- be able to keep your knowledge / understanding of an area around for the long term; but also
- be able to gradually build up your understanding by first committing the fundamentals to memory, and then using that to build up your level of abstraction and get to the more complex ideas and principles.
Michael Nielsen has written fairly extensive explanations of two slightly different approaches in:
- Using spaced repetition systems to see through a piece of mathematics 
- Augmenting Long-term Memory 
I've only used this particular approach for a handful of subjects so far - indeed, it seems to just take time to build a high-quality, long-term understanding of a thing. However, I've been pretty happy with the process so far.
IMHO it is a wonderful solution to a wrong problem (i.e. memorizing random things). Sure, there are use cases: learning words in a language one is not exposed to on a daily basis or cramming for a medical school exam.
When one actively uses something, there is a natural spaced repetition of the things that matter. With the frequencies as these things are used in practice. Everything else can be looked up later.
For programming, maths, physics, etc - "I forgot" means more or less "it is more time-efficient to google it once a few years than put effort in storing in in my memory". In programming, it is even more the case: libraries, their APIs, and good practices keep changing. Rote memorization may be highly counterproductive in this case.
Disagree: There's a grey area in the middle where it is costly to always look it up, but you don't do it often enough to ever be ingrained in memory. SRS is a fairly effortless way to cure it.
When I started my current job (somewhat math heavy), I didn't know enough background material. So I got put on a "side" project while I learn the main material. Unfortunately, that side project became fairly big so I didn't have too much time to study the bread and butter of that job. I would read a little from a text book every few weeks. Without SRS, there is no way that I would be able to do it. The frequency is low enough that natural reading would not preserve anything in memory, and it is one of those books that constantly refers to prior theorems/definitions.
> For programming, maths, physics, etc - "I forgot" means more or less "it is more time-efficient to google it once a few years than put effort in storing in in my memory".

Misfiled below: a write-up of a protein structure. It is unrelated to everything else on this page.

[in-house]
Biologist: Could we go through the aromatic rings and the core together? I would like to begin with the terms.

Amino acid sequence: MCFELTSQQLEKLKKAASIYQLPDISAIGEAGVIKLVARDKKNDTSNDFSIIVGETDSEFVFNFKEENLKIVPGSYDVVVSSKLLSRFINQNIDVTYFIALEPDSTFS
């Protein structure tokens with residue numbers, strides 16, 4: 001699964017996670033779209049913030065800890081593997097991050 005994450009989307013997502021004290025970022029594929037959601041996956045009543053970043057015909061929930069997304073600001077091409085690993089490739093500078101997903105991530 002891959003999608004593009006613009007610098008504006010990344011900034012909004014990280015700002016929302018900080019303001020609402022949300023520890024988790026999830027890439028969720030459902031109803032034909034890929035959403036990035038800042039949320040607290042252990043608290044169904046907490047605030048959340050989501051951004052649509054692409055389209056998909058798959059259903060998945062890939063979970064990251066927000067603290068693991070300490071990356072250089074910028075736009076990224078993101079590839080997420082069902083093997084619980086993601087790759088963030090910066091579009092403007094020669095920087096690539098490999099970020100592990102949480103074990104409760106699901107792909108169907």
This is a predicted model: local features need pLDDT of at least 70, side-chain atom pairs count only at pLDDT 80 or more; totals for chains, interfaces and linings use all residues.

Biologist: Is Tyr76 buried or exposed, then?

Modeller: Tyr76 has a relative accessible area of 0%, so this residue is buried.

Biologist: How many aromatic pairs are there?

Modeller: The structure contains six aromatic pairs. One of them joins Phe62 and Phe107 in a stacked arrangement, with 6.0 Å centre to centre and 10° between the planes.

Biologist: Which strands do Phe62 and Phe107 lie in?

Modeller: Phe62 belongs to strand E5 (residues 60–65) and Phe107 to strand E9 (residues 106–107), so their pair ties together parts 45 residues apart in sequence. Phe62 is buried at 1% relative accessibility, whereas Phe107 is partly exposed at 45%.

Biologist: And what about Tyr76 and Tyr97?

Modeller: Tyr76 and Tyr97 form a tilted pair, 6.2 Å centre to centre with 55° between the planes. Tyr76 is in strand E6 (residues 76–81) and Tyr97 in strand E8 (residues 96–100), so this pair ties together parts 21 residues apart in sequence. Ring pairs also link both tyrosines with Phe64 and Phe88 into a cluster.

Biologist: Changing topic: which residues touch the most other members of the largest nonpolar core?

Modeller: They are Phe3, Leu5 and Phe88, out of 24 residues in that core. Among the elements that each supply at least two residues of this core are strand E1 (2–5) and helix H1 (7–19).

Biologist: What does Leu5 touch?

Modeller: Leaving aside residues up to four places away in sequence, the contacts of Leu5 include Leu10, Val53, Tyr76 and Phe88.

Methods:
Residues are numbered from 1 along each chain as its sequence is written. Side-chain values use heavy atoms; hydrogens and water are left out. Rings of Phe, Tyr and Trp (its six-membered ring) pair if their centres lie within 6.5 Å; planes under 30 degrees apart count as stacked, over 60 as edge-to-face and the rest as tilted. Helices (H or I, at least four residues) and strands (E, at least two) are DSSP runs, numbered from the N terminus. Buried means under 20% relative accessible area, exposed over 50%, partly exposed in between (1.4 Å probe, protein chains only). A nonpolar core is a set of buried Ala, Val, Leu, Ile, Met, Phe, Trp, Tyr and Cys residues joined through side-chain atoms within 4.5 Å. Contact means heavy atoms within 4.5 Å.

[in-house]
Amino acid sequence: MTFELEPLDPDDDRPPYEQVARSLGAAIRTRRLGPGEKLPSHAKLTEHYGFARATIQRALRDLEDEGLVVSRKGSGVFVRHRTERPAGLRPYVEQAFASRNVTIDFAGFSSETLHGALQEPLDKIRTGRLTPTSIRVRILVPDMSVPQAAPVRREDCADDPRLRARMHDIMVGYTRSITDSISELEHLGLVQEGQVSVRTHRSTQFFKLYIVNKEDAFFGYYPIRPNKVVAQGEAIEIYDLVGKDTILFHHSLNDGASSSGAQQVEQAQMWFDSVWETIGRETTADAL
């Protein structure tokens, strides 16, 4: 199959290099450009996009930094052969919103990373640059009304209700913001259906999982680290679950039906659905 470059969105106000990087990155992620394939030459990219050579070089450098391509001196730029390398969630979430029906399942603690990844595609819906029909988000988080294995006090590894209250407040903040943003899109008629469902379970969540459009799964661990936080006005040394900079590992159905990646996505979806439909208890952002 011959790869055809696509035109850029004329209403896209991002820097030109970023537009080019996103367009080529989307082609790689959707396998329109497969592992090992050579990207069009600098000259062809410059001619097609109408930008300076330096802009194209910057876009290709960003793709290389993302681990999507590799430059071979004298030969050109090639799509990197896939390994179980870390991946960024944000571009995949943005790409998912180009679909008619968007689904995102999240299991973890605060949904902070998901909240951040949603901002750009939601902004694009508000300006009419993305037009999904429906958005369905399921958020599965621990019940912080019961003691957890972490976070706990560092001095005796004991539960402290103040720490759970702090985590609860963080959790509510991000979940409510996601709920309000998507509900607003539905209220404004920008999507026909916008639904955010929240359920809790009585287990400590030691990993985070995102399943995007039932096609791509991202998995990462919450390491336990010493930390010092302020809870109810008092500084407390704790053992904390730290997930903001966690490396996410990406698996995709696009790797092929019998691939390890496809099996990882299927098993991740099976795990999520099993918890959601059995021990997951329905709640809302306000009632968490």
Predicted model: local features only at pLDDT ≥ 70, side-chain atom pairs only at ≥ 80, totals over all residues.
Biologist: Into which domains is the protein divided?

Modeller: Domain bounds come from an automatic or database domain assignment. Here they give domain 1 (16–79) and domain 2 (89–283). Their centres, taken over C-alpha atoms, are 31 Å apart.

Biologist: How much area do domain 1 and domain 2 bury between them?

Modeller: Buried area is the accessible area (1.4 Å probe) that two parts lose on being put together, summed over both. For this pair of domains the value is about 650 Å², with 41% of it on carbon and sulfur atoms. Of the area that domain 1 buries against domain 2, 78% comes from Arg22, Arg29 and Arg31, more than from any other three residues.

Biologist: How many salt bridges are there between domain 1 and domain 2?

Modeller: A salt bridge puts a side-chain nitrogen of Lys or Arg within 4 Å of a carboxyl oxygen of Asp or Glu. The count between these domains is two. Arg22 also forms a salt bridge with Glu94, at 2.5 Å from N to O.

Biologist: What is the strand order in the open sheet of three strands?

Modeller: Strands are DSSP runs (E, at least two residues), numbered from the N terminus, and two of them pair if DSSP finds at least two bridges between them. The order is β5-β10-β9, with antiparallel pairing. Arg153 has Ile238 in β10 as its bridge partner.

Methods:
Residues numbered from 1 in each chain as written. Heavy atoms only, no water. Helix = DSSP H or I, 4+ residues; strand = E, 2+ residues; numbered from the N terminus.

You really cannot do mathematics well that way. When proving a theorem, you often will not even remember there is a theorem that could help you unless it's already in memory.
I once took a course on measure theory where it was a given that at least one question on each exam would be to prove a random theorem in the book. This was frustrating - since when should math require memorizing? And memorizing all the theorems? Sheesh!
When I was preparing for the final exam, I did attempt to memorize all the proofs. And then it hit me: There were certain proof techniques that were common to many proofs, and I had not picked up on it by merely doing the assigned problems.
This was a decade ago, when I did not use SRS (did try, but failed that time). Looking back at my experience in math courses, I realize that memory was definitely a bottleneck. Remembering certain theorems you took in a course a few semesters ago just wasn't happening beyond a certain young age (20). If I ever were to go back to math, I would definitely attempt some SRS use.
Of course, SRS alone won't cut it. You still need to solve lots of problems.
Oh, and after a decade of very heavy Emacs use, I tried using SRS to get better. And I did. A lot. So even heavy use isn't much of a guarantee that things will stick.
1) Understand the material I'm learning.
2) Put explanations of any algebraic procedures (for instance, the dot product of two vectors) as a flip card.
3) Put a single example of doing the work in a flip card.
For important proofs, I put them in Anki using Cloze deletion. I just drop in the whole proof, and knock out portions. This has been extremely effective in remembering and understanding the proofs. I also do this for geometric explanations of procedure.
This is definitely not overkill, and creates cards that you can go over really quickly. Ever since I have begun doing so, I have found that it is far easier for me to apply what I have learned, and that I can more easily understand the options that I have for finding solutions to problems, because I have all of the options available without requiring me to look over old information. It's just there.
Ever since taking Barbara Oakley's classes (Learning How to Learn and Mindshift), I have been a more productive and emotionally stable human being, and my ability to learn and understand the information that I am learning has exploded. One of the most important things I remember mentioned in that class was that memorization and understanding are actually quite tightly linked.